Growing Butter Beans vs Lima Beans

People ask about growing butter beans vs lima beans, but scientifically they are one and the same, although they come in two different sizes and colours.

The two different gene pools were originally ‘domesticated’ into important crops in ancient Peru and Mesoamerica but their popularity diminished until more recent times when they became and still are an important part of any vegetarian diet.

For that reason there are now many and varied delicious recipes using them. Growing them is not particularly difficult as you will see in the video at the bottom of the page.

Pkaseolus lunatus P. Limensis

Origin

South America

Optimum pH 6.5-7.5

Butter beans, sometimes called Lima beans (although this term is often used for the bush types only), are not grown to the extent they merit. This is mainly because seed of named cultivars is extremely scarce and is only catalogued intermittently by a few seed houses.

The seeds, when young, are delicious and surpass, to my mind, even the finest broad beans in both texture and flavour.

Recommended Cultivars of Butter Beans/Lima Beans

There are both bush and pole types of this perennial bean, with the bush type usually regarded as an annual even in warm areas.

The pole type, which in clean, well-prepared soil can be treated as a perennial for 2 or 3 seasons, is usually catalogued as Pole Lima.

The following bush cultivars are the ones usually offered:

Burpee’s Bush:

A later, large-seeded cultivar of good quality.

Bush Fordhook:

An early type with medium-sized seeds.

Henderson Bush:

An early, small-seeded and extremely productive cultivar.

Soil Preparation For Growing Butter Beans

Like green beans, bush/lima beans prefer a well-improved light soil, which is retentive of moisture and yet well drained. If there is still evidence of compost and manure residues from a previous crop, 60 g per m5 of a complete fertilizer (e.g. 2:3:2) can be applied and incorporated before sowing.

Compost or decayed manure and a similar fertilizer dressing will be necessary on less fertile soils to produce sufficient vegetative growth for high yields. This applies especially when a planting of pole limas is established.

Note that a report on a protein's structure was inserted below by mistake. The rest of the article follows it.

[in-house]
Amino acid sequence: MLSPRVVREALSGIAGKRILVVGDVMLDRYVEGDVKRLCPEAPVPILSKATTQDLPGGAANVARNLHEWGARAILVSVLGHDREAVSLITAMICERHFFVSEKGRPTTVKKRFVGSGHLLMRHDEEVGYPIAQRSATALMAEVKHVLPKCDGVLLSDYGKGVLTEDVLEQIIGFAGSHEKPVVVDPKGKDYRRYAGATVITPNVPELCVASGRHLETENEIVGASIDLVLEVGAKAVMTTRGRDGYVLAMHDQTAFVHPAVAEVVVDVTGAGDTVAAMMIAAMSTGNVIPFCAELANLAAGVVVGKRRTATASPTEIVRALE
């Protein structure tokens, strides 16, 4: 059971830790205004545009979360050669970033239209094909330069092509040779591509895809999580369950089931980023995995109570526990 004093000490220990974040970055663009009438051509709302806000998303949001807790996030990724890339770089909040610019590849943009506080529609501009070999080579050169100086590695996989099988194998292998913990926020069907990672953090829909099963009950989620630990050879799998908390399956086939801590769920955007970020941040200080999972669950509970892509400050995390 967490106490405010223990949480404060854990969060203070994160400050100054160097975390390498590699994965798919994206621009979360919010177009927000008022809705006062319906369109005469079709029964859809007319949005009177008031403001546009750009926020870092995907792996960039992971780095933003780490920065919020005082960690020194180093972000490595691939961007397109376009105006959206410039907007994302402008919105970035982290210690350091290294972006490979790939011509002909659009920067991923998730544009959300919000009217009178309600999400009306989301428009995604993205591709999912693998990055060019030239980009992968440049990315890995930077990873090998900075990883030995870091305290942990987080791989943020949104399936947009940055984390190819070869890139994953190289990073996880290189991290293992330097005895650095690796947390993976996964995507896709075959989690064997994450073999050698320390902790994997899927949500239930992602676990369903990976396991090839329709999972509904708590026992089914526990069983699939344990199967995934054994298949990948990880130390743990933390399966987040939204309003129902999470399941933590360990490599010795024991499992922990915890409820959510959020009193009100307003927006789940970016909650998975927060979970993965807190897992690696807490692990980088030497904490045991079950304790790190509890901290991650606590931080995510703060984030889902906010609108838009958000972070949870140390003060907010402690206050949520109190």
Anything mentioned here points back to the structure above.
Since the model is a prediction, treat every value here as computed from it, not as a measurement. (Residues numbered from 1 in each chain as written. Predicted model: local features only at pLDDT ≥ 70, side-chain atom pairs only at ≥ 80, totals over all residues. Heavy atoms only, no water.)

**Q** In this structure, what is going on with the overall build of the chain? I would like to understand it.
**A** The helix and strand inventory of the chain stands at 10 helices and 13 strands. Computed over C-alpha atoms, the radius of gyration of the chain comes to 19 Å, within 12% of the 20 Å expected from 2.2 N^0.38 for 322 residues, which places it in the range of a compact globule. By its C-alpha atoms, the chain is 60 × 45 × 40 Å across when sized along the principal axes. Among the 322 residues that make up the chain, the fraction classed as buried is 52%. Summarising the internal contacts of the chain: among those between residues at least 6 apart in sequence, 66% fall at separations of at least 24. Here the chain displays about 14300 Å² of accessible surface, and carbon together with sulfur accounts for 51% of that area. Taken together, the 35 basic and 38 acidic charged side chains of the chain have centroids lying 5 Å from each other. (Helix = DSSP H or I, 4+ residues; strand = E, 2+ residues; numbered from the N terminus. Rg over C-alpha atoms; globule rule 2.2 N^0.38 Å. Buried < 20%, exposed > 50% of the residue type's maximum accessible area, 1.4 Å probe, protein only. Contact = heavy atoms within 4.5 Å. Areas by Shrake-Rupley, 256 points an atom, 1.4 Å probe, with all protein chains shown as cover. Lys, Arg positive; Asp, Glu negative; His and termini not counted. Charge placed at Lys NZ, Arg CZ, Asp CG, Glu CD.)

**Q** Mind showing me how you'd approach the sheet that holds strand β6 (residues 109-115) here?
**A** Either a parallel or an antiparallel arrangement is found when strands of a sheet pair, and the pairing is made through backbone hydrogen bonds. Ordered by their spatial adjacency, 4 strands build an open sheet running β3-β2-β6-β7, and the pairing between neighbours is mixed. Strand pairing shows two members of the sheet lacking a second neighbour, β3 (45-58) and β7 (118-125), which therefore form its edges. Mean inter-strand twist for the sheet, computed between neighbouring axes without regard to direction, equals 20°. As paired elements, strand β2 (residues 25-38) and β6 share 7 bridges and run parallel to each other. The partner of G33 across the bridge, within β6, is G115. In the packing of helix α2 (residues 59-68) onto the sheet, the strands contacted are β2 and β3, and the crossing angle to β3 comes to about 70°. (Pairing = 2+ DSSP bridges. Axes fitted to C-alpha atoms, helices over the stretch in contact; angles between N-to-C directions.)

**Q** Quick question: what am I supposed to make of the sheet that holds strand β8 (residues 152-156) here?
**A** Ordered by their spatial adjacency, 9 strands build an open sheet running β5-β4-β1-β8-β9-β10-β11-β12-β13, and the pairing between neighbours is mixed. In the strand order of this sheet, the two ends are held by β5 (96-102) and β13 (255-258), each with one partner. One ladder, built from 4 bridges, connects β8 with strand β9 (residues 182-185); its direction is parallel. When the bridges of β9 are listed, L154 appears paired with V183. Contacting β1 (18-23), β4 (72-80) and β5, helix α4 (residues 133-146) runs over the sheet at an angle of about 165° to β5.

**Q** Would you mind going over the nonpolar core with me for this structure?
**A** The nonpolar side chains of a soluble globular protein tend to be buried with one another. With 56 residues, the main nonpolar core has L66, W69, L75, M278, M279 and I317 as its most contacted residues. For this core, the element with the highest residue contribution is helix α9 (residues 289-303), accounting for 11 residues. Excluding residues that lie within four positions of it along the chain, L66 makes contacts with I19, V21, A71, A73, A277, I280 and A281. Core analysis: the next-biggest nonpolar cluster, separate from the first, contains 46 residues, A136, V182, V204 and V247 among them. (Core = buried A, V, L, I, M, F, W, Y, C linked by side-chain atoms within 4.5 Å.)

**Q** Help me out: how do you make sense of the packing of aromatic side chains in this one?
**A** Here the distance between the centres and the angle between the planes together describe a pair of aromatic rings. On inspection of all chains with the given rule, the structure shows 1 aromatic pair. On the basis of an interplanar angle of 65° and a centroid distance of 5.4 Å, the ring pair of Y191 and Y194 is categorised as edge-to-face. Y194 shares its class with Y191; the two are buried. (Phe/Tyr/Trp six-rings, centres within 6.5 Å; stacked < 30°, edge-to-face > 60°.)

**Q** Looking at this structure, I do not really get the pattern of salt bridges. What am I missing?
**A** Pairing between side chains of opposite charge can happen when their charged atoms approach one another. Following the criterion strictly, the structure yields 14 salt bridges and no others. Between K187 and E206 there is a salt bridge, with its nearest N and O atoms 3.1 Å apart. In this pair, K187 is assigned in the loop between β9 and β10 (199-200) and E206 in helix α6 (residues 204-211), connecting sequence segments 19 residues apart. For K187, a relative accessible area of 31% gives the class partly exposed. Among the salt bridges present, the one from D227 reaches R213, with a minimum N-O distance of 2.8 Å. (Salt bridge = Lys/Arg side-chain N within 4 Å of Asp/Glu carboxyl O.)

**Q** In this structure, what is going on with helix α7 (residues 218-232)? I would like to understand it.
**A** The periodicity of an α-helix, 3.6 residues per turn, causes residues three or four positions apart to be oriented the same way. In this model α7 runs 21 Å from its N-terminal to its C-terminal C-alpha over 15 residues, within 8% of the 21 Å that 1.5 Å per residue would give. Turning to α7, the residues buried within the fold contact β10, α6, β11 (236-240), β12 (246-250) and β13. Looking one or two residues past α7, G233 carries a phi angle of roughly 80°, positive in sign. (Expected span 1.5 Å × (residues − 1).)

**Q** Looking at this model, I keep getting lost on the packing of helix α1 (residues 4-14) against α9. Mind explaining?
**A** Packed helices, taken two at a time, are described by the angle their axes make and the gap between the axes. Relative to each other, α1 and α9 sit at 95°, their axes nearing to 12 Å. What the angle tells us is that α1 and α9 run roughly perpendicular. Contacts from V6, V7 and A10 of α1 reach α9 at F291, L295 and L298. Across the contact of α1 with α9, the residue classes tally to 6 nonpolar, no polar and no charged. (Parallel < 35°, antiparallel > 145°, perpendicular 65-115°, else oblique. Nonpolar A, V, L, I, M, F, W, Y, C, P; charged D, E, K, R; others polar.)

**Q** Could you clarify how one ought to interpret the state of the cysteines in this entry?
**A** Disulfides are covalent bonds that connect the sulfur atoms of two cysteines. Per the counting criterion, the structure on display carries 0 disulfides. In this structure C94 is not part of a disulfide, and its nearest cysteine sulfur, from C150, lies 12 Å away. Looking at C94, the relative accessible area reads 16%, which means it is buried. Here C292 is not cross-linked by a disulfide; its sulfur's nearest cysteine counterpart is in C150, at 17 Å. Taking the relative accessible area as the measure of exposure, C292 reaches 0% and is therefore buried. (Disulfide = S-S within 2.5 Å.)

In good soil the pole type butter bean produces a dense cover of vines and leaves and therefore requires a strong support. A solid fence with a treated pole framework is ideal for the purpose, particularly as it is usually placed on the perimeter of the garden where the beans will not shade other crops.

Propagation of Lima Beans/Butter Beans

All cultivars are grown from seed usually sown where the plants are to mature.

Early plantings of pole type butter beans/lima beans can, however, be started under protection in Jiffy 7s or Jiffy Pots.

Sowing Butter Bean Seeds

growing butter beans vs lima beans like these

Seed for dwarf cultivars can be sown when all danger from frost is over and sowings can continue till early summer. The drills should be 450-600 mm apart with the seeds spaced at 100-150 mm intervals to allow the plants to develop fully.

The sowing depth can be 25-40 mm, depending on soil and weather conditions.

The seeds of pole cultivars usually encountered are large, and the seed-coats, when fresh, are white with a maroon spot at one end.

End of spring-early summer is the most favourable period for sowing in most areas, as it allows a crop to be reaped before cold weather or even frost come along to cut back the tops.

It also allows the plants to develop a strong root system before these unfavourable conditions stop growth. At the base of each support 2 or 3 seeds can be sown 100 mm apart and thinned out later to leave the two strongest plants to grow on to maturity.

The seeds should be sown at a depth of 30-50 mm.

Further Tips For Growing Butter Beans vs Lima Beans

Throughout growth the bush lima requires similar treatment to the green bean. The pole lima, which may bear satisfactorily for 3 years in fertile and nematode-free soil, needs little attention apart from the removal of dead tops and an occasional thinning, in areas experiencing a mild winter, if growth becomes too thick.

A side dressing with 2:3:2 in spring at the rate of 60 g per metre of row or a mulch with mature compost or manure will encourage vigorous growth. In midsummer a nitrogenous side dressing will maintain plant vigour and prolong the picking season appreciably.

Harvesting Your Butter Beans

Dwarf varieties are usually ready for the pot 2 1/2 months after sowing, while the pole cultivars generally need 3 or 4 weeks longer to mature. Only the seeds of lima/butter beans are eaten and not the pods, which are tough and fibrous, especially in the case of pole cultivars.

The pods should regularly be removed from the plants when seeds are fully swollen but before they turn yellow. At this stage the seeds should still be succulent and the seed-coats light green in colour.

However, as with many crops, only experience can teach the gardener when to harvest.

Butter beans/lima beans beans are shelled more easily if the pods are allowed to wilt for a day or two after picking. If they are to be kept for a few days on the vegetable rack before being used they should be stored shallowly, especially if picked when wet, for they soon heat up otherwise.

Pests and diseases

Butter beans of both types are considerably more attractive to aphids, usually grey in colour, than green beans, and severe infestations can build up within a few days during hot, dry weather.

Malathion in the form of a spray will give good control provided that a wetting agent is used and provided that another application is given after 5-7 days.

There are no recorded diseases specific to this crop.

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